September 2016

An announcement by the Ministry of Finance during the presentation of the Executive’s Budget Proposal for 2017 made Mexico the first country to formally adopt the Open Fiscal Data Package (today incorporated into Frictionless Standards), an international open data standard promoted by the Global Initiative for Fiscal Transparency (GIFT), in collaboration with Open Knowledge Foundation and the World Bank, with the support of Omidyar Network. This collaboration was a pioneering step for publishing fiscal information in open formats. Mexico set an example to the OpenSpending community who were intending to make use of the Open Fiscal Data Package and the new tools developed by that project.

February 2014

The Stop Secret Contracts campaign fought to ensure that all government contracts around the world were open contracts. Drawing on the work of the Open Contracting Global Principles, the campaign filled out freedom of information requests for access to specific contracts in many countries. A petition was also launched, starting with over 30 organisational signatories including Global Witness, Integrity Action, the International Budget Partnership, the Sunlight Foundation and Transparency International. The campaign managed to generate global awareness about the need for transparency in public spending, at a historic moment when several activist groups and advocacy institutions focused their struggles on ending systemic corruption.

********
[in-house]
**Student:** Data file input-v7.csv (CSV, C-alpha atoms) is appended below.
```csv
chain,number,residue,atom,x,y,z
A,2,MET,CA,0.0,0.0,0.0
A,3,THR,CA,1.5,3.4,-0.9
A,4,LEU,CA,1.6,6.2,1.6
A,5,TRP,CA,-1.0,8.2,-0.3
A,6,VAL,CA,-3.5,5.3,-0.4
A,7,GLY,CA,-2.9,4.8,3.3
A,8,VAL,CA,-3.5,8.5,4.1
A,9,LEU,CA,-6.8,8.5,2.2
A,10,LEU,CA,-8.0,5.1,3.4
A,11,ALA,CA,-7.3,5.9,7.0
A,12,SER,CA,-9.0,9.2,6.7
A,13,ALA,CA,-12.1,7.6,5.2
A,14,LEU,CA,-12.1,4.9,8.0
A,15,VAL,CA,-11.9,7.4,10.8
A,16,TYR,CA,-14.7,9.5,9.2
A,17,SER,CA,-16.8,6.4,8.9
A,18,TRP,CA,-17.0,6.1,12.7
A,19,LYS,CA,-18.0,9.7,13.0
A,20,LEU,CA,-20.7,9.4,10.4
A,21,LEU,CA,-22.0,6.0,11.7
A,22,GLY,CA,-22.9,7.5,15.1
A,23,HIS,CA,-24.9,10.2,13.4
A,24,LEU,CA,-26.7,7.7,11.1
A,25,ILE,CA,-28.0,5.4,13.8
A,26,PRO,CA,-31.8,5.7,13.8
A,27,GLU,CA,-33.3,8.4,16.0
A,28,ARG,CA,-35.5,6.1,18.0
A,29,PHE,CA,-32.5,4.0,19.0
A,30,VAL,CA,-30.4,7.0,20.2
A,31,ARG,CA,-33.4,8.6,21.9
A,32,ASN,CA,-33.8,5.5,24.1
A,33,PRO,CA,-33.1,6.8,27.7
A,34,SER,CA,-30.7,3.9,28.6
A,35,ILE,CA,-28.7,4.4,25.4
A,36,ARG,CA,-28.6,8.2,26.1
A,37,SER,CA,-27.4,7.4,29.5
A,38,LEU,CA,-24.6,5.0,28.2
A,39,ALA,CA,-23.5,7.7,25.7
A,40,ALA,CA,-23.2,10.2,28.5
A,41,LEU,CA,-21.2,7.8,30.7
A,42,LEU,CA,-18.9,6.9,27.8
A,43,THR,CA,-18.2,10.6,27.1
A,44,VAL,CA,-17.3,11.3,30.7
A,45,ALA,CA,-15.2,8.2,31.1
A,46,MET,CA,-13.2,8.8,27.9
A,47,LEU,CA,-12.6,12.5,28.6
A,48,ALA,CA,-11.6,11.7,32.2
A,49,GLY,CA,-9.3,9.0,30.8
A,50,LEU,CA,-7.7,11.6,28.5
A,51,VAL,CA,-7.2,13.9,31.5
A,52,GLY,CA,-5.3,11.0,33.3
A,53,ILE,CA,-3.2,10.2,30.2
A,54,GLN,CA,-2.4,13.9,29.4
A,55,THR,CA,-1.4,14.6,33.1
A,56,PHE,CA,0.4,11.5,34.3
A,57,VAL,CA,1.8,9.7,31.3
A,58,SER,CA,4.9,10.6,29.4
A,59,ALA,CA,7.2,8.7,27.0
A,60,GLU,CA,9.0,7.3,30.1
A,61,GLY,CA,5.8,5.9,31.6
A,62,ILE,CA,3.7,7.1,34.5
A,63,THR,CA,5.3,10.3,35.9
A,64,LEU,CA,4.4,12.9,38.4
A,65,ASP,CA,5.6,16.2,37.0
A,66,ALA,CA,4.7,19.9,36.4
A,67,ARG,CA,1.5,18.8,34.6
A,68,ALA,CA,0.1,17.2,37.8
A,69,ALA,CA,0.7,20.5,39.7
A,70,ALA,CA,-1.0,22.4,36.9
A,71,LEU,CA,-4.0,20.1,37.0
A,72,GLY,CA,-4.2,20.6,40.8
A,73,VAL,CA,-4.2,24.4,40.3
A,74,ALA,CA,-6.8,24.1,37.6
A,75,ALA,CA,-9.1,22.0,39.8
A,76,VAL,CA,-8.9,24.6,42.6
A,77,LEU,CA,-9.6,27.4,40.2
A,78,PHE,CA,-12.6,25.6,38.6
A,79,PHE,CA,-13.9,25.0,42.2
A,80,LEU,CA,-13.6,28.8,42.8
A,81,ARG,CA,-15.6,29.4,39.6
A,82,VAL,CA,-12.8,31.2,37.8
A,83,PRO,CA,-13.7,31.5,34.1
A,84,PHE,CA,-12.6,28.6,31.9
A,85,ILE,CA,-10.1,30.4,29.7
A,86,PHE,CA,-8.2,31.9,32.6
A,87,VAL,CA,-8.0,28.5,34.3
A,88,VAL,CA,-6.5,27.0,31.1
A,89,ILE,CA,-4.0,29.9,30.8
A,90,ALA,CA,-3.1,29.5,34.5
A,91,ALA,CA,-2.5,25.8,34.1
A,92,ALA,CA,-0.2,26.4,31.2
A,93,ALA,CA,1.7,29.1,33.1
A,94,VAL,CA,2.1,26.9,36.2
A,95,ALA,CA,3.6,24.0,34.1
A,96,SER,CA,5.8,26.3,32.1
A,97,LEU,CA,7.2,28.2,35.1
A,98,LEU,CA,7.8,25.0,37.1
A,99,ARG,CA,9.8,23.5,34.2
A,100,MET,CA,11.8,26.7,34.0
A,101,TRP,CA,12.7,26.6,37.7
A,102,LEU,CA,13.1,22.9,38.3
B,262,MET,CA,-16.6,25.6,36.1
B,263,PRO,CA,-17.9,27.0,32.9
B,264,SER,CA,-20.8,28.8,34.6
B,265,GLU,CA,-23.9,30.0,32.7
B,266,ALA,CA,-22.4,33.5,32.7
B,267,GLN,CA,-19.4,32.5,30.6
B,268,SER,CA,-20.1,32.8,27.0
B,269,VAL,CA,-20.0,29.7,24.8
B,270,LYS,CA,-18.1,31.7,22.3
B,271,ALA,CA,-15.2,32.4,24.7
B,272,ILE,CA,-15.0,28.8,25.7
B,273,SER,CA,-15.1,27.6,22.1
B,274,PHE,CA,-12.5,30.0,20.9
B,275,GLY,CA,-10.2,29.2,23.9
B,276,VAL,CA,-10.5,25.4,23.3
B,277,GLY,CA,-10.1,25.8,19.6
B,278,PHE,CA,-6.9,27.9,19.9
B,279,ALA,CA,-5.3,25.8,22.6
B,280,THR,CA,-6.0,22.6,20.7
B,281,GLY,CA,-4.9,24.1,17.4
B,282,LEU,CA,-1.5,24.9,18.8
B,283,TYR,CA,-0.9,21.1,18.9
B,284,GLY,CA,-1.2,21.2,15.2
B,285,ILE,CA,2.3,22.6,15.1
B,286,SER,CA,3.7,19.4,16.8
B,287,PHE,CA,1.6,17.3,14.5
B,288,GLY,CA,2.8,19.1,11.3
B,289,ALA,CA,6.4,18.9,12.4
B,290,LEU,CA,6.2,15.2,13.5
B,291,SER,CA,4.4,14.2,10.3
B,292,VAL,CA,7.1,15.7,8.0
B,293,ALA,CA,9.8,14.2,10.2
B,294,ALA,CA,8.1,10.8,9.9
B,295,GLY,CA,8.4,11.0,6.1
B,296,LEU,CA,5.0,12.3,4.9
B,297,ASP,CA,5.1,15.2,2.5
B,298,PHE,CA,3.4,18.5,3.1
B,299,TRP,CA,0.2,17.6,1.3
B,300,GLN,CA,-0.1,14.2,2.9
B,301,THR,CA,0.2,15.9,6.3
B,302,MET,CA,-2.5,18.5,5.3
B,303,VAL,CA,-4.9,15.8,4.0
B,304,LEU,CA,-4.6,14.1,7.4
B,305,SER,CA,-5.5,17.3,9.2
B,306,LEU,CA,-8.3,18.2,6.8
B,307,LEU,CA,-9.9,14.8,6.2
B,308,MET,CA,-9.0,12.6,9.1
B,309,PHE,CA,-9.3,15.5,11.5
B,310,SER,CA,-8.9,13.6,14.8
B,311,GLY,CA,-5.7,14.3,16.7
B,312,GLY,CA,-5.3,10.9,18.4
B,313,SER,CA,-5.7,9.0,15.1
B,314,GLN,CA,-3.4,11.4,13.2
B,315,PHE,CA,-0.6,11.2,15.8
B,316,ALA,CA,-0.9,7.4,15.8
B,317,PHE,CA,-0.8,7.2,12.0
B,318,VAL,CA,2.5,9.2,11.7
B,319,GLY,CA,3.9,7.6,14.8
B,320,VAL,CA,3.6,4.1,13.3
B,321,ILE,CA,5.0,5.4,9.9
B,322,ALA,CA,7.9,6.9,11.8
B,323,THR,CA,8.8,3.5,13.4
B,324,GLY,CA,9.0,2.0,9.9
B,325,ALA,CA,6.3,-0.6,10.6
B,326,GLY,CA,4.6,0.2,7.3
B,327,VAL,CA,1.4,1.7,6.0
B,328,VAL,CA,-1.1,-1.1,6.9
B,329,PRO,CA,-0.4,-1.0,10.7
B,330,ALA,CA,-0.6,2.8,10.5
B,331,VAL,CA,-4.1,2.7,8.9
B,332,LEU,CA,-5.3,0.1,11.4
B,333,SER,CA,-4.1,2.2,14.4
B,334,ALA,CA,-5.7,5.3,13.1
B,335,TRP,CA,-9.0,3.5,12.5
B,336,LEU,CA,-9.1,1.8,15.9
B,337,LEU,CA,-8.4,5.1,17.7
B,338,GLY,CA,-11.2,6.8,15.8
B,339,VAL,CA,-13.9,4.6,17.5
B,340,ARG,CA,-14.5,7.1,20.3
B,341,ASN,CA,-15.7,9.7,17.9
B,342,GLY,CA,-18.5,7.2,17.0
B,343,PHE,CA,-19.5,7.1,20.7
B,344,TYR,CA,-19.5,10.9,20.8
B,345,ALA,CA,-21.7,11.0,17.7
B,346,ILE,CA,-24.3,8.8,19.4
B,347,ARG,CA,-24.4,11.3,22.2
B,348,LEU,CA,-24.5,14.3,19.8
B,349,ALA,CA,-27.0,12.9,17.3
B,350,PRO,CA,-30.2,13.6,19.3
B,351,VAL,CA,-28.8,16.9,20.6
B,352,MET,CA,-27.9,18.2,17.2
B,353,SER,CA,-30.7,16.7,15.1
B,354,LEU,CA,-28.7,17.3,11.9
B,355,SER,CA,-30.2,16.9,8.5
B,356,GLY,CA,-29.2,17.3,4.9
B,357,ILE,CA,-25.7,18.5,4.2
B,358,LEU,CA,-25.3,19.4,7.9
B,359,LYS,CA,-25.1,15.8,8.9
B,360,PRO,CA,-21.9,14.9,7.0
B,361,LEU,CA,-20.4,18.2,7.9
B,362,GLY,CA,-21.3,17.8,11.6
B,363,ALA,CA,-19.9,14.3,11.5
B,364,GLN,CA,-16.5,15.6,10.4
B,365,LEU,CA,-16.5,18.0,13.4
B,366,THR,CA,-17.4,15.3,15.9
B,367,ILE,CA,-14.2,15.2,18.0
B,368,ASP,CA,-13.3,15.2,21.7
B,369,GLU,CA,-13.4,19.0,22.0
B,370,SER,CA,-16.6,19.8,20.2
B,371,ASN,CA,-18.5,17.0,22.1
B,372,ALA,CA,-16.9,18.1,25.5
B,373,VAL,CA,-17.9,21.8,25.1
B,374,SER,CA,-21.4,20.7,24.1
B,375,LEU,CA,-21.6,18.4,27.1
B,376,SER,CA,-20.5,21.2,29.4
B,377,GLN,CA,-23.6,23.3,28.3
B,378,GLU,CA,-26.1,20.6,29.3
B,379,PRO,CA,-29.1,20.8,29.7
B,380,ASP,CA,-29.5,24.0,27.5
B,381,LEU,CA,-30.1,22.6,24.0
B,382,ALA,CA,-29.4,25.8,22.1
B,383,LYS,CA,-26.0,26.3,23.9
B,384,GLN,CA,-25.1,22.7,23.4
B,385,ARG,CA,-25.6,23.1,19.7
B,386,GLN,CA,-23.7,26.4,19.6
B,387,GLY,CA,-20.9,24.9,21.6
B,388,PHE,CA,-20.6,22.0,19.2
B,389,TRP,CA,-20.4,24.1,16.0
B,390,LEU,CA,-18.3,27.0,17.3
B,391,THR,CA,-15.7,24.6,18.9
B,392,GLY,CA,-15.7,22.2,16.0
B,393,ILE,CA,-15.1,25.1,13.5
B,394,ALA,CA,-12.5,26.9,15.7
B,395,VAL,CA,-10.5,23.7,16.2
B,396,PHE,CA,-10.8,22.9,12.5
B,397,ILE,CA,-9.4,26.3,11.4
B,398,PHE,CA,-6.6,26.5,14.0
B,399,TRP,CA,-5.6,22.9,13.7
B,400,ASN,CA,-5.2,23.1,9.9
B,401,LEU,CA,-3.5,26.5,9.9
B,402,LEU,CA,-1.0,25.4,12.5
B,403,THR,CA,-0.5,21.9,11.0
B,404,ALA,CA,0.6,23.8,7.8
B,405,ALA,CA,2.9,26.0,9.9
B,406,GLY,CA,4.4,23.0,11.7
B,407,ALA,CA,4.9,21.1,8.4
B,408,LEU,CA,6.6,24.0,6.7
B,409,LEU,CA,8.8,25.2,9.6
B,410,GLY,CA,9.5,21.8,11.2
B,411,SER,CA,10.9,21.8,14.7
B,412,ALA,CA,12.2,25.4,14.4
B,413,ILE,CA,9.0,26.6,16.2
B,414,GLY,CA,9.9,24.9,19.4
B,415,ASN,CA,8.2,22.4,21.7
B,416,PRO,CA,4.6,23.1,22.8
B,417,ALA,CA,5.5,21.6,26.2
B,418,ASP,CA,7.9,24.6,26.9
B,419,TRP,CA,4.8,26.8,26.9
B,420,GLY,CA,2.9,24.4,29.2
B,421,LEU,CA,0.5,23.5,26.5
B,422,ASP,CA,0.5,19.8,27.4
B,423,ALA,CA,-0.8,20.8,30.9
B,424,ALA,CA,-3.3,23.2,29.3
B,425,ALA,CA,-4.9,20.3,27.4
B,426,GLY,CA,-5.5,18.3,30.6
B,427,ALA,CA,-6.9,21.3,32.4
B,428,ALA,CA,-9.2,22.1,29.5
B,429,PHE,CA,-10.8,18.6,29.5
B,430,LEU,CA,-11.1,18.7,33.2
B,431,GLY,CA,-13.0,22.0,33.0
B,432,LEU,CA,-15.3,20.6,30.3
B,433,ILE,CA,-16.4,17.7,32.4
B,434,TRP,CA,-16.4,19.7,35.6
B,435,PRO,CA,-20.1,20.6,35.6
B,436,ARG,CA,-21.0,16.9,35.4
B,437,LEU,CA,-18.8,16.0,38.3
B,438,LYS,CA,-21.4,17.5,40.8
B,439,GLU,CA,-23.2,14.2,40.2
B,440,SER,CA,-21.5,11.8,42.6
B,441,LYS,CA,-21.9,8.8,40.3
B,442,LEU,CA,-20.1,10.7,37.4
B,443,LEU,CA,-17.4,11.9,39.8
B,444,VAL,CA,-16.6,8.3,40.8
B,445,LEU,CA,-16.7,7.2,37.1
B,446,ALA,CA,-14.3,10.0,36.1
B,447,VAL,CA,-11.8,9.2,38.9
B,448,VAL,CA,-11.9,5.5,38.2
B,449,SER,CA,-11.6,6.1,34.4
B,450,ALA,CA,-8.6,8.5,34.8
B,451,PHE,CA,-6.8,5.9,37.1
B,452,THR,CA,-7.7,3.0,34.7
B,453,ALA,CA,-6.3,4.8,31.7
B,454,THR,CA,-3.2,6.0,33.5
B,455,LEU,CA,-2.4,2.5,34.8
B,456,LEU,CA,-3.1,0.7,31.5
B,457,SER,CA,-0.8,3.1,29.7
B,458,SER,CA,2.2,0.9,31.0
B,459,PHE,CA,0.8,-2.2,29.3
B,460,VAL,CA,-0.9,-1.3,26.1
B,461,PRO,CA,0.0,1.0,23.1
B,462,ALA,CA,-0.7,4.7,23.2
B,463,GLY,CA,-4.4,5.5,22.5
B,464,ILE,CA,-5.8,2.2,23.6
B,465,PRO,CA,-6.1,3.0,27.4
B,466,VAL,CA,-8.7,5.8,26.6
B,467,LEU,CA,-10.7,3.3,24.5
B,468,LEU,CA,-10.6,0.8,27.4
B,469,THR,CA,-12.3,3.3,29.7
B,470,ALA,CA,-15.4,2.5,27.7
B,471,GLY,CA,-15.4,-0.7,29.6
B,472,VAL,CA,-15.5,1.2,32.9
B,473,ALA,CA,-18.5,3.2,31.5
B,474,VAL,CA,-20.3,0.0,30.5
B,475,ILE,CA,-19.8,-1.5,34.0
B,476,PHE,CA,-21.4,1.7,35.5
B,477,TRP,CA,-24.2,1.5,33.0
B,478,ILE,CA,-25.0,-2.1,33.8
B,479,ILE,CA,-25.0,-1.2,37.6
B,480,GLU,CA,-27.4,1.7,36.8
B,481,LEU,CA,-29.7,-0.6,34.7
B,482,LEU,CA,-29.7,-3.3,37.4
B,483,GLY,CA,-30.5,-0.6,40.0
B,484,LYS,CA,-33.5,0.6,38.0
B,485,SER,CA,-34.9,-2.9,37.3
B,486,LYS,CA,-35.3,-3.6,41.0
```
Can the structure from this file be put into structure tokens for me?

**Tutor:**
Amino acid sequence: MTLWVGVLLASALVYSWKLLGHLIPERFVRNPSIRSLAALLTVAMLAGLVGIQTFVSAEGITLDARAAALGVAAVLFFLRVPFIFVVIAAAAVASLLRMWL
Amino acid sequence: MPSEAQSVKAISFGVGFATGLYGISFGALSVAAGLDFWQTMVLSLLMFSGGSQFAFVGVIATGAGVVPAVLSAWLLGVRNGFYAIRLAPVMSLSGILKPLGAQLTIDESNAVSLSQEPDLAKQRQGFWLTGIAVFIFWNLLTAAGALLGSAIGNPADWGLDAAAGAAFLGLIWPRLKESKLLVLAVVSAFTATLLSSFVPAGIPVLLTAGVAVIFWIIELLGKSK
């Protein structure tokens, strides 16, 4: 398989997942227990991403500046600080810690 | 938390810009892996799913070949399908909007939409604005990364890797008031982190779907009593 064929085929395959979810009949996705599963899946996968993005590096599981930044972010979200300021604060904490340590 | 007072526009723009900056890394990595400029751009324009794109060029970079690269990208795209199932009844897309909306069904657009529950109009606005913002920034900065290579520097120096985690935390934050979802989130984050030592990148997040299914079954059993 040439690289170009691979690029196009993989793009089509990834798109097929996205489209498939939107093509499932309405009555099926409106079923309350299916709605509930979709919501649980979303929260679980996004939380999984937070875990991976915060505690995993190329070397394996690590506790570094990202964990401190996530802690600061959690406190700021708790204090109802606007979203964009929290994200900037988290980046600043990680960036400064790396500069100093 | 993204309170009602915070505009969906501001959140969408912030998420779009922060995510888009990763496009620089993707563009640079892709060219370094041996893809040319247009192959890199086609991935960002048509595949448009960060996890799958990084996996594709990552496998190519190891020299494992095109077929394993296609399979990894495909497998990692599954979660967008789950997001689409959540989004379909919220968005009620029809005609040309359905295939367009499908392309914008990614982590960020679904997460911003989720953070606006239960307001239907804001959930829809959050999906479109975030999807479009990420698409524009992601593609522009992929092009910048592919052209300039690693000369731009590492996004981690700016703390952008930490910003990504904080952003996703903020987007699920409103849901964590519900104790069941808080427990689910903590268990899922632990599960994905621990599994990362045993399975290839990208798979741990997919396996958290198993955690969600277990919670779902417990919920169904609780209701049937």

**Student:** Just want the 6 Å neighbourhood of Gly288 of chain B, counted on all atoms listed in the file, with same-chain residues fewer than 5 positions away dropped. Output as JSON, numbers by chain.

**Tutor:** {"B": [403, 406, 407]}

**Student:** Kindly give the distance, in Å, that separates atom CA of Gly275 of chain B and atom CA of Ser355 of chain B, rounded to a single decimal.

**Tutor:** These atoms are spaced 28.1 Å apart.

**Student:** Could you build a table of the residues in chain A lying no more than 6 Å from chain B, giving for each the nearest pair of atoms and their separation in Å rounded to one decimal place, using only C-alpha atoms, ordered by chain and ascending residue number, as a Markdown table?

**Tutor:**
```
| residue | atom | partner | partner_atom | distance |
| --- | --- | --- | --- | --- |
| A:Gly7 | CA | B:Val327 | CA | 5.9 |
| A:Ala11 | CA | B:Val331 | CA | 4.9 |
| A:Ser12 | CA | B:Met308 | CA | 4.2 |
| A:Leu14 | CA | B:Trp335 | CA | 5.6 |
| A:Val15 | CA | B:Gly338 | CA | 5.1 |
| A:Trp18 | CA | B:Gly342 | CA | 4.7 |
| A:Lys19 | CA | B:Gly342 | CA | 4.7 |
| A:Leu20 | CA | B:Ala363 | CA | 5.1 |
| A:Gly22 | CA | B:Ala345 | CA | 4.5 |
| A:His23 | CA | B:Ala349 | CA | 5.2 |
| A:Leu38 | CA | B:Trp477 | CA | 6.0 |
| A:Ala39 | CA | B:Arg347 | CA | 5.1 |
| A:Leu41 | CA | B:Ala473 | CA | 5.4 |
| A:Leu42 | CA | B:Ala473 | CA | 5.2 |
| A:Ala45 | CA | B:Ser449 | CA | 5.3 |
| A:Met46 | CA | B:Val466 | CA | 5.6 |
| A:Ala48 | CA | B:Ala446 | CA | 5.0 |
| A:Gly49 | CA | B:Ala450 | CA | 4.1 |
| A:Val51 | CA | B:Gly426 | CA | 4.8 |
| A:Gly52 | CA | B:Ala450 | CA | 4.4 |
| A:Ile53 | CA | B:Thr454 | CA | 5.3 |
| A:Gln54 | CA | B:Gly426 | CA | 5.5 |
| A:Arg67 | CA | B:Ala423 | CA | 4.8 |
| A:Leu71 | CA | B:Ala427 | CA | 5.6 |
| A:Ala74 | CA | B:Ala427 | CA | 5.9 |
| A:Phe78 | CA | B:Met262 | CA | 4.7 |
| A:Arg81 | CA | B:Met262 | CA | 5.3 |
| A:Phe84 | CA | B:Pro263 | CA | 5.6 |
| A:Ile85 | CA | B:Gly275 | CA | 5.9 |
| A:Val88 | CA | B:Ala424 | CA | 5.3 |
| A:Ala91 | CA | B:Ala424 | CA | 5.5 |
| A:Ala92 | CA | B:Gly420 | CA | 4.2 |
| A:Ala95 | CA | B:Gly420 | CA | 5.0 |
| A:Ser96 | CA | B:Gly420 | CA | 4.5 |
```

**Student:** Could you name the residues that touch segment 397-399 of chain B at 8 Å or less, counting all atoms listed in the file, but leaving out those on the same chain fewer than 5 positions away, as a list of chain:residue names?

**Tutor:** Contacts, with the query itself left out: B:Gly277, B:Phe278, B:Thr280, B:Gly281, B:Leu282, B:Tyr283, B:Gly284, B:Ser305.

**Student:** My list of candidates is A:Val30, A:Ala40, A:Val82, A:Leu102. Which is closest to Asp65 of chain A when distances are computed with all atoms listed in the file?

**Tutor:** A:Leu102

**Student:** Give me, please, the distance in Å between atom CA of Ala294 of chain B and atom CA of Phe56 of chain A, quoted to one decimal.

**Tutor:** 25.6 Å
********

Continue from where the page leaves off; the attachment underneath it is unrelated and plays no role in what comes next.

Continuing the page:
July 2013

G8 leaders signed the G8 Open Data Charter in July 2013, which outlined a set of five core principles for how data can support transparency, innovation, and accountability. As highlighted in a blog by Rufus Pollock, Open Knowledge’s CEO at that time, it endorses the principle of “open by default” and makes clear that open data must be open to all and usable by both machines and humans (as per the Open Definition). Later in 2015, the International Open Data Charter (ODC) was launched at the margins of the United Nations General Assembly after a global consultation led by key representatives from OGP governments including the UK, Canada, and Mexico, and civil society organisations such as the World Wide Web Foundation, Open Data Institute, Open Knowledge Foundation, Center for Internet and Society, and the Initiative for Latin American Open Data. It set out six key Principles, including that data should be open, timely and interoperable.

May 2013

One of the most significant CKAN instances ever was launched around 10 years ago: in the shape of the US government’s open data portal, In the official announcement of the initiative, it was highlighted that for the first time, the data portal would have a unified data catalog, something made possible by us: “Open Knowledge Foundation is a nonprofit that works with people worldwide to promote increased transparency and engagement, in part through making CKAN available for open data sites.”  Today there are hundreds of CKAN instances installed all over the world, including federal public portals in the UK, the EU, India and Brazil, a movement that was greatly influenced by that decision of the US government, at that time chaired by Barack Obama.

(To be continued…)